“When I was twenty-seven, my Sleep stepped out of me like a passenger from a train carriage, looked around my room for several seconds, then sat down in the chair beside my bed.”

“The jellyfish come with the morning – a great beaching, bodies black on sand. The ocean empties, a thousand dead and dying invertebrates, jungled tentacles and fine, fragile membranes blanketing the shore two miles in each direction. They are translucent, almost spectral, as though the sea has exorcised its ghosts.”

“Nicola watches the gentle pull of outgoing water, the glassy sink and swallow, waves drawing back like lips revealing teeth.”

“The sky is gory with stars, like the insides of a gutted night.”

What more can I say? I fucking loved this. It might be (probably is) my favourite short-story collection ever.


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An absolute treasure trove of wonderfully wicked and unflinchingly honest stories. These stories are not in the business of wish fulfillment—not to say that some of them don’t have “happy endings,” but rather that those endings always come at a cost. If these tales are dark, it is only because they refuse to pretend that the dark doesn’t exist. And let me tell you, Bardugo’s writing is just exquisite.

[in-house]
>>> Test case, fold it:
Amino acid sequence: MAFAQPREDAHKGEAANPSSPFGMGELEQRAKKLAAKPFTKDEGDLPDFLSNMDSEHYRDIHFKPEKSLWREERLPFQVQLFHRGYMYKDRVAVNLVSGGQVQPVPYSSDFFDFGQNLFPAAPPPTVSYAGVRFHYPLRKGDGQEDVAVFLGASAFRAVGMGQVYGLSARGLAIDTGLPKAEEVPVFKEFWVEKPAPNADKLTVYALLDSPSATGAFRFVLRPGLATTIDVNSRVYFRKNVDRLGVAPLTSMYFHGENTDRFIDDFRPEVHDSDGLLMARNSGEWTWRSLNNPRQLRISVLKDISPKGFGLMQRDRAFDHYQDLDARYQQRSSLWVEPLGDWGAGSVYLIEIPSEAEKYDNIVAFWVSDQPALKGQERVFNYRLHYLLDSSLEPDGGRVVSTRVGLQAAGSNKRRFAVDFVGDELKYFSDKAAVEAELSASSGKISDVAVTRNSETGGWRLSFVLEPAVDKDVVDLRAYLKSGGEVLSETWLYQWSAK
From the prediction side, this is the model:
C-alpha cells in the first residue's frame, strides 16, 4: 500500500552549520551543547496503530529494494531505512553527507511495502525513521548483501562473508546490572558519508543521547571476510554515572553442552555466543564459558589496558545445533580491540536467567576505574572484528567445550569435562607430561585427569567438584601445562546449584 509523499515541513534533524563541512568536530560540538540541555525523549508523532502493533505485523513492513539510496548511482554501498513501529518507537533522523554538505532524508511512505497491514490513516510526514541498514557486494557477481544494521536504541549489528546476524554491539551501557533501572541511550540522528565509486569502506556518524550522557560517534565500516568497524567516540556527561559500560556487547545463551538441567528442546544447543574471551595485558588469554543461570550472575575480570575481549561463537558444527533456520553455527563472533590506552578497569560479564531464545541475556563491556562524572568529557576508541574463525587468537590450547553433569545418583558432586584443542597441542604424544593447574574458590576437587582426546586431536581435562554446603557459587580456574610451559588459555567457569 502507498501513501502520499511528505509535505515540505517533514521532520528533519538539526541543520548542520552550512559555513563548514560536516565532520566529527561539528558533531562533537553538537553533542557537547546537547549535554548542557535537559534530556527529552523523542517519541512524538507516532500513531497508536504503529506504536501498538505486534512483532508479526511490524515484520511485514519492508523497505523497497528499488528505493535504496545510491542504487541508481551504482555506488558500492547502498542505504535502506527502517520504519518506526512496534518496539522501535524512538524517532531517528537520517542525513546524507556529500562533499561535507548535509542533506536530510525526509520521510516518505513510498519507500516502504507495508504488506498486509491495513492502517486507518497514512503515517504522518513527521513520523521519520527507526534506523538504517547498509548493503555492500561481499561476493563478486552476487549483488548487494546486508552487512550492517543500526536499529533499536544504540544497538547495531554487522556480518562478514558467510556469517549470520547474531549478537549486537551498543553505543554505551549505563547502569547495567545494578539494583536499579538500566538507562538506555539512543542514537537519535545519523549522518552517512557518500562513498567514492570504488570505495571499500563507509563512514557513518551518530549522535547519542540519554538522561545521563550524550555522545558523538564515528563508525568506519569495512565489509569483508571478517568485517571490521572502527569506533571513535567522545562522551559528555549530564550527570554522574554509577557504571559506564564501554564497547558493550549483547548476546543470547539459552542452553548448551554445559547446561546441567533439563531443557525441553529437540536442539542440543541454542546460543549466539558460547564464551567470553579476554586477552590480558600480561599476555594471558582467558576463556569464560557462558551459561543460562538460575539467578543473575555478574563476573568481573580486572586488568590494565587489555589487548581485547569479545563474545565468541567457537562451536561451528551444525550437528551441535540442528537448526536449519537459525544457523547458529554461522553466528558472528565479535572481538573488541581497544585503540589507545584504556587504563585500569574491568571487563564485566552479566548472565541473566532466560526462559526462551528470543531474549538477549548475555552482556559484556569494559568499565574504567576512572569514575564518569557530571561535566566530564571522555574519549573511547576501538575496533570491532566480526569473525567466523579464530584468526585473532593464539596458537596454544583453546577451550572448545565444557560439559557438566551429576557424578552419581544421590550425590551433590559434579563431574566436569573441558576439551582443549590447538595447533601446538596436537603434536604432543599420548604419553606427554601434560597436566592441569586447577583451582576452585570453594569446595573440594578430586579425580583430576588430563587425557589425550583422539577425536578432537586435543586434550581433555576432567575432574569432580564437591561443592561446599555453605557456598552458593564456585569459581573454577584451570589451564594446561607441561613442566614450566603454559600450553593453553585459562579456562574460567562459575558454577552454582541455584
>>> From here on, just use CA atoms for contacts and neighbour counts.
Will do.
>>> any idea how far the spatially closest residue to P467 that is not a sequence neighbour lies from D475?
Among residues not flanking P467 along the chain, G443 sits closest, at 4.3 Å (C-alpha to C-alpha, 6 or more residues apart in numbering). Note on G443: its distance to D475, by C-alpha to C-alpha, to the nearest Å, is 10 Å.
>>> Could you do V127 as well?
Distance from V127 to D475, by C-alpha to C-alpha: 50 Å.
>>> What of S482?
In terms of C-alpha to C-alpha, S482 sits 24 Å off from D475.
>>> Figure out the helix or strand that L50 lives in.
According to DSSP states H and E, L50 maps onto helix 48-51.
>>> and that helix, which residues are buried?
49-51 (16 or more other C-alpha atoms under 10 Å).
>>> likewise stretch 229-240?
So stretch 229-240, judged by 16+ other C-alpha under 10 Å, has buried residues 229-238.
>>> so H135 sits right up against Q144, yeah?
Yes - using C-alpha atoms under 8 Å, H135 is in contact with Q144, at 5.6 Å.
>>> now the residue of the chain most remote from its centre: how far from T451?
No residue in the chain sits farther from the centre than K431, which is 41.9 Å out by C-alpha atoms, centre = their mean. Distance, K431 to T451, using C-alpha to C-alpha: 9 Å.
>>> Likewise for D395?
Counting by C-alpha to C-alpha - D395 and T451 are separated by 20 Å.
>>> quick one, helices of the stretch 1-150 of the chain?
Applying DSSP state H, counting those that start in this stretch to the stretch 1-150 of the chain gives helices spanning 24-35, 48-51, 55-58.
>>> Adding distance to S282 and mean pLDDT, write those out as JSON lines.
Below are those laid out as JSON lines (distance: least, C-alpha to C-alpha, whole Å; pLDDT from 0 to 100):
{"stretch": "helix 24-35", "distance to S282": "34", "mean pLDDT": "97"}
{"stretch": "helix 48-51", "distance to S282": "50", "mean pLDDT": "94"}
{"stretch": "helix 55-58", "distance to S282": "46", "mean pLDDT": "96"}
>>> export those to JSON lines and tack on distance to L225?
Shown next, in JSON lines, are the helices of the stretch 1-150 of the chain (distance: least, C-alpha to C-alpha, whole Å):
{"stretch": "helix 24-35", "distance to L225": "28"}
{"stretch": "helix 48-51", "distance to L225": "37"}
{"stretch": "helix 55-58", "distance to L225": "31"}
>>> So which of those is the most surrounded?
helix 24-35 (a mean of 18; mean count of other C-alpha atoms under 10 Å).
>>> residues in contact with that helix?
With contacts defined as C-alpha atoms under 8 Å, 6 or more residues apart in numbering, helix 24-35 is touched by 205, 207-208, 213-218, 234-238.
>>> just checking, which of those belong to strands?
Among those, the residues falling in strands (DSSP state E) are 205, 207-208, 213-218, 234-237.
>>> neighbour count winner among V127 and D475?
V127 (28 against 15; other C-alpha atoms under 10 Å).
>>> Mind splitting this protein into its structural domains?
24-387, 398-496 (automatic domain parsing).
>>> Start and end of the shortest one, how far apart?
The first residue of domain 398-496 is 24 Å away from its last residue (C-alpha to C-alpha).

from the ones I liked most to the ones I liked least: (though really all of these were top notch—there wasn’t a single story I even slightly disliked)

“Ayama and the Thorn Wood” – 4.5/5 stars (by far my favourite)

“You see, some people are born with a piece of night inside, and that hollow place can never be filled—not with all the good food or sunshine in the world. That emptiness cannot be banished, and so some days we wake with the feeling of the wind blowing through, and we must simply endure it as the boy did.”

“The Witch of Duva” – 4.5/5 stars

“So shut the window tight and make sure the latch is fastened. Dark things have a way of slipping in through narrow spaces.”

“The Solider Prince” – 4.25/5 stars

“Wanting is why people get up in the morning. It gives them something to dream of at night. The more I wanted, the more I became like them, the more real I became.”

“When Water Sang Fire” – 4/5 stars

“Song was all she had and so she clung to it, honed and perfected it, as though if she could only sharpen her skill to a fine enough point, she might carve a true place for herself in the world.”

“Little Knife” – 3.5/5 stars

“Remember that to use a thing is not to own it. And should you ever take a bride, listen closely to her questions. In them you may hear her true name like the thunder of a lost river, like the sighing of the sea.”

“The Too Clever Fox” – 3.5/5 stars

“The trap is loneliness, and none of us escapes it. Not even me.”